Movie Review – City of God

City of God tells the tale of a ghetto in Rio De Janerio in the 70’s. Drug trade, violence and poverty dominate every aspect of life. It opens with our lead character Rocket chasing a chicken only to meet a score of armed teenagers. It loosely follows his journey growing up, with his confused naration as he tries to make sense of a world that is doing its best to be impossible to make sense of.

Although many people die, the film is not overly heavy or unwatchable. There are well placed moments of humour and a thorough sense of respect for its subjects. The audience is first lulled as humourous scenes of lives much poorer than theirs fill the screen, but slowly this turns to pokes and jabs as more and more horrific gangland wars among teenagers goes down, until it becomes outright disdain for anyone who takes their first world priviledge for granted.

It has all been done before, teenagers carryings guns, over-the-top violence, and Scorsese did it better. But City of God is based on a true story and has a grassroots honesty mixed with gangster cool that could send a chill down any hardened movie go-ers spine tingling. People are becoming more and more desensitized to the world around them and this movie joins the dubious ranks of being one of the best movies able to break through that apathy barrier and say something quite profound about poverty, drugs and the futility of life.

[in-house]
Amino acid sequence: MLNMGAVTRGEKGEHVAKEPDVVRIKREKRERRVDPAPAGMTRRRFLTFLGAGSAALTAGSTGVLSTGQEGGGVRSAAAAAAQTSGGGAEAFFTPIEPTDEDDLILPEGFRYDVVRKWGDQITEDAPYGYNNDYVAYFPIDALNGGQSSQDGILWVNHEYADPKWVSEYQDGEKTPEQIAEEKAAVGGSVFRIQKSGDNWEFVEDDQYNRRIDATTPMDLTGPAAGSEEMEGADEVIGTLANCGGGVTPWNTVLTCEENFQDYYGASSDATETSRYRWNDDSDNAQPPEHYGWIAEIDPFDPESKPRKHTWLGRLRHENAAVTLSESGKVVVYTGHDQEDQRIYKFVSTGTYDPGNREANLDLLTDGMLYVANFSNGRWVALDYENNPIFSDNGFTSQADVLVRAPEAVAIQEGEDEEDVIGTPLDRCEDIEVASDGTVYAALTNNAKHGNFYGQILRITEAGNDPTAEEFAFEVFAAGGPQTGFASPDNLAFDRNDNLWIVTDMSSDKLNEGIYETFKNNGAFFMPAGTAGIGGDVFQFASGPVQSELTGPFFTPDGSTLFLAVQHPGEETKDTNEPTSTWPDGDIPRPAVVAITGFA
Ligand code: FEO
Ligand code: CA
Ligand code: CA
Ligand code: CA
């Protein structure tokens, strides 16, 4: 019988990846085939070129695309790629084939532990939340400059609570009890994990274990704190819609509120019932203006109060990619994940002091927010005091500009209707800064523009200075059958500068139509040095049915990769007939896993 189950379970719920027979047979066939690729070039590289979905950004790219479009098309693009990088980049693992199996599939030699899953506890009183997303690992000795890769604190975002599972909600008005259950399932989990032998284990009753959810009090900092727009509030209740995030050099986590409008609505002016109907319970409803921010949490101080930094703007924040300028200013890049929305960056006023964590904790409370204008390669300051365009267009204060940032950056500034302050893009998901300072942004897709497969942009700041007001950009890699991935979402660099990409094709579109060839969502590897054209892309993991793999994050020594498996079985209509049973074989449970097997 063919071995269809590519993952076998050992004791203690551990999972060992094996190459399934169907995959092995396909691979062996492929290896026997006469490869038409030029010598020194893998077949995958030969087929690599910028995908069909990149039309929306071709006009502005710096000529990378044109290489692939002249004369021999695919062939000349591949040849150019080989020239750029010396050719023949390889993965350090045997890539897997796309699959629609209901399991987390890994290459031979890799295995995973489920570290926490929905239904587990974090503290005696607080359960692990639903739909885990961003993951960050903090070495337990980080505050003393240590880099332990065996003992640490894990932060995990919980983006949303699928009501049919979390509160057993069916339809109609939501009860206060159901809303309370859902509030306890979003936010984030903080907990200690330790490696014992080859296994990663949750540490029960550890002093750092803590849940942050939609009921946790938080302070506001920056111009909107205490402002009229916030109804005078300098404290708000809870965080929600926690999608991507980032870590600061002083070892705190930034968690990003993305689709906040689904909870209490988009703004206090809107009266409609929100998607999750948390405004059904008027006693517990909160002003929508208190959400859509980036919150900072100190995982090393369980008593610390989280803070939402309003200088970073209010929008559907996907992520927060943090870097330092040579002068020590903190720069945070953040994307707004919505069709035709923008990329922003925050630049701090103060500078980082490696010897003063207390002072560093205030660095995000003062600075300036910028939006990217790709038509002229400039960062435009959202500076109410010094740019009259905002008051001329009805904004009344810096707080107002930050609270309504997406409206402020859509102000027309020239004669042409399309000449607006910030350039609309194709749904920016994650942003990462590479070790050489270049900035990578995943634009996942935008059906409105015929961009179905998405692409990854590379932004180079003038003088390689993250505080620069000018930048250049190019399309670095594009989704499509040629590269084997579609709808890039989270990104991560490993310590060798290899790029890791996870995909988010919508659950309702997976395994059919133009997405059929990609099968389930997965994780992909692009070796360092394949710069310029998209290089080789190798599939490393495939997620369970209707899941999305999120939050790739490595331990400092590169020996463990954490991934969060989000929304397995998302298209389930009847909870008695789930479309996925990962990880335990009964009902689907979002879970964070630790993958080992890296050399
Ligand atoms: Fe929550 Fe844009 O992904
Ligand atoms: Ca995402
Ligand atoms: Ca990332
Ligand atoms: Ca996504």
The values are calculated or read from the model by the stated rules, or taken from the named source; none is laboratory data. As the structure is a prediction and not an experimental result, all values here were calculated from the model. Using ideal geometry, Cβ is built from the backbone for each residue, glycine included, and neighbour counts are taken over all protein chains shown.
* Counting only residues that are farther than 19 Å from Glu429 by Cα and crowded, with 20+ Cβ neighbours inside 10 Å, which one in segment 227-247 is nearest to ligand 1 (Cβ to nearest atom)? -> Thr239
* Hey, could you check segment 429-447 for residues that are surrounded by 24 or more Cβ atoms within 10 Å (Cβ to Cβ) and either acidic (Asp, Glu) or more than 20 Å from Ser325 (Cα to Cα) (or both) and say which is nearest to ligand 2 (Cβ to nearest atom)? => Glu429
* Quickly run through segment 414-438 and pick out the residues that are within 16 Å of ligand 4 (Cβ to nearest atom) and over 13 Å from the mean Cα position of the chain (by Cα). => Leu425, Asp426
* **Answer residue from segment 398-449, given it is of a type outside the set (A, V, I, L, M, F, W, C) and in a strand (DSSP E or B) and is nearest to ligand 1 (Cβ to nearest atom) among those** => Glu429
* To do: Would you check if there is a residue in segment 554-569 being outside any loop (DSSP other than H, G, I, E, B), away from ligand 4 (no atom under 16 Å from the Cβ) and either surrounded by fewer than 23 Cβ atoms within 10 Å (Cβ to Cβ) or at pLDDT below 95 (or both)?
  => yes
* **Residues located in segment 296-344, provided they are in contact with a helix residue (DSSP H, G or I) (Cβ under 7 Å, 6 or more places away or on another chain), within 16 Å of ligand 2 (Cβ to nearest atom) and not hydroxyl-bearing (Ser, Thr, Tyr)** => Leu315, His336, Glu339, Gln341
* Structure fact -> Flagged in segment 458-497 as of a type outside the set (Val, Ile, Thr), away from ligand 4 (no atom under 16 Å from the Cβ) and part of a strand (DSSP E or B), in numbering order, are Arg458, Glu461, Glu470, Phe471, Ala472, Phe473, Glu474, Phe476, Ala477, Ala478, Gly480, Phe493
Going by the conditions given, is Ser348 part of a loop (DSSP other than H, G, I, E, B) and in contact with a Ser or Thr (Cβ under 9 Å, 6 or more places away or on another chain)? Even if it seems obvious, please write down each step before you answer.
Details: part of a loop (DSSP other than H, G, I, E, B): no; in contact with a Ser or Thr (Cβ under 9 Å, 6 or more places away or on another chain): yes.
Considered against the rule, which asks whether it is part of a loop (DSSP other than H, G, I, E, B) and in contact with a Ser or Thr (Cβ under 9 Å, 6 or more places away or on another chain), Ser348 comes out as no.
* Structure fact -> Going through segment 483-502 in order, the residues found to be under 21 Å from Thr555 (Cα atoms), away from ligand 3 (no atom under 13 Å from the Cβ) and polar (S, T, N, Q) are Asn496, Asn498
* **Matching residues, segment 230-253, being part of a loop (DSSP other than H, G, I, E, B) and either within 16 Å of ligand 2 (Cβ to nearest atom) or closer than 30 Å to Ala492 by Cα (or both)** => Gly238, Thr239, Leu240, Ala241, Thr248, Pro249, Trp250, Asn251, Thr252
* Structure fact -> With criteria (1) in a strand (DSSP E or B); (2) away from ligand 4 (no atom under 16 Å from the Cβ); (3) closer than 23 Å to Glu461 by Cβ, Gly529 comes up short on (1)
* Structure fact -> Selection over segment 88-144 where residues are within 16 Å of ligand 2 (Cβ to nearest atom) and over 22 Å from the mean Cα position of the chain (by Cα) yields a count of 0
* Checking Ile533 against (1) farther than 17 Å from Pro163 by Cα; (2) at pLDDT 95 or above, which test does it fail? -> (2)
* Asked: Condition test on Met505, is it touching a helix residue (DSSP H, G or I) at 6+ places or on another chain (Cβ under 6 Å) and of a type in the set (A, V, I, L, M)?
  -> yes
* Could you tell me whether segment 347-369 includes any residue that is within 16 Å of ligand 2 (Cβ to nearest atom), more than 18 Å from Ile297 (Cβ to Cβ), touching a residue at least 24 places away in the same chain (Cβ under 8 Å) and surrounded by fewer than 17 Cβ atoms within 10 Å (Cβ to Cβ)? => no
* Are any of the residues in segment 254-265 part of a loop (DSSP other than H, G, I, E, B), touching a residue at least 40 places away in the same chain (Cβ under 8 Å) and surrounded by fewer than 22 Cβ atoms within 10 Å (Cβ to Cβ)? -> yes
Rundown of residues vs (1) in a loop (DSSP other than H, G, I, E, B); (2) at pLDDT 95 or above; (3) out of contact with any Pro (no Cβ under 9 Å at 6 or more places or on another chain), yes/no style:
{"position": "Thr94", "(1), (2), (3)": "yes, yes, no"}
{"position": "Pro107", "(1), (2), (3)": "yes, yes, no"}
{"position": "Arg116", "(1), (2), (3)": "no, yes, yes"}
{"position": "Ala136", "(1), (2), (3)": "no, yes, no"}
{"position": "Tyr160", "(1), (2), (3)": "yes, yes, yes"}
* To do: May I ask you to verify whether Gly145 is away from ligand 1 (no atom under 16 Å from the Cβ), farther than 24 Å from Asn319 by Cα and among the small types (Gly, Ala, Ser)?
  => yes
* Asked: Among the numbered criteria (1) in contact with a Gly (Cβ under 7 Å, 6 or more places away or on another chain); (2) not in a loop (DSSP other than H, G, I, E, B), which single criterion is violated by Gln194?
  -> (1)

Handheld camera work with colourful characters helps to give this movie its grassroots feel. When we see a man beat his wife for infidelity, or a humourous car jacking police chase where the car won’t start, we are convinced what we are watching is real. As the film progresses through its three chapters we quickly realise that the hovel is about to lose even its rare laughs.

This movie blew me away. I was actually talking to other people on the net while I watched it, and I had to explain that I could no longer talk to them because the movie was just far too heavy and I needed to watch it and watch only it out of respect. There were certainly times when it introduced too many characters, or became confused in what it was trying to say. After seeing many gangster films I would say it perhaps could have gone a bit further by being a little less cosy with the gangsters and more of a focus on the community. I wanted to see the aftermath of the many hundreds of deaths you see in this film and that is poorly explored. But in its aim in bringing the harsh reality of poverty, guns, drugs and violence in South America to the big screen I must say it is an undeniable success. 4.5 leamas.

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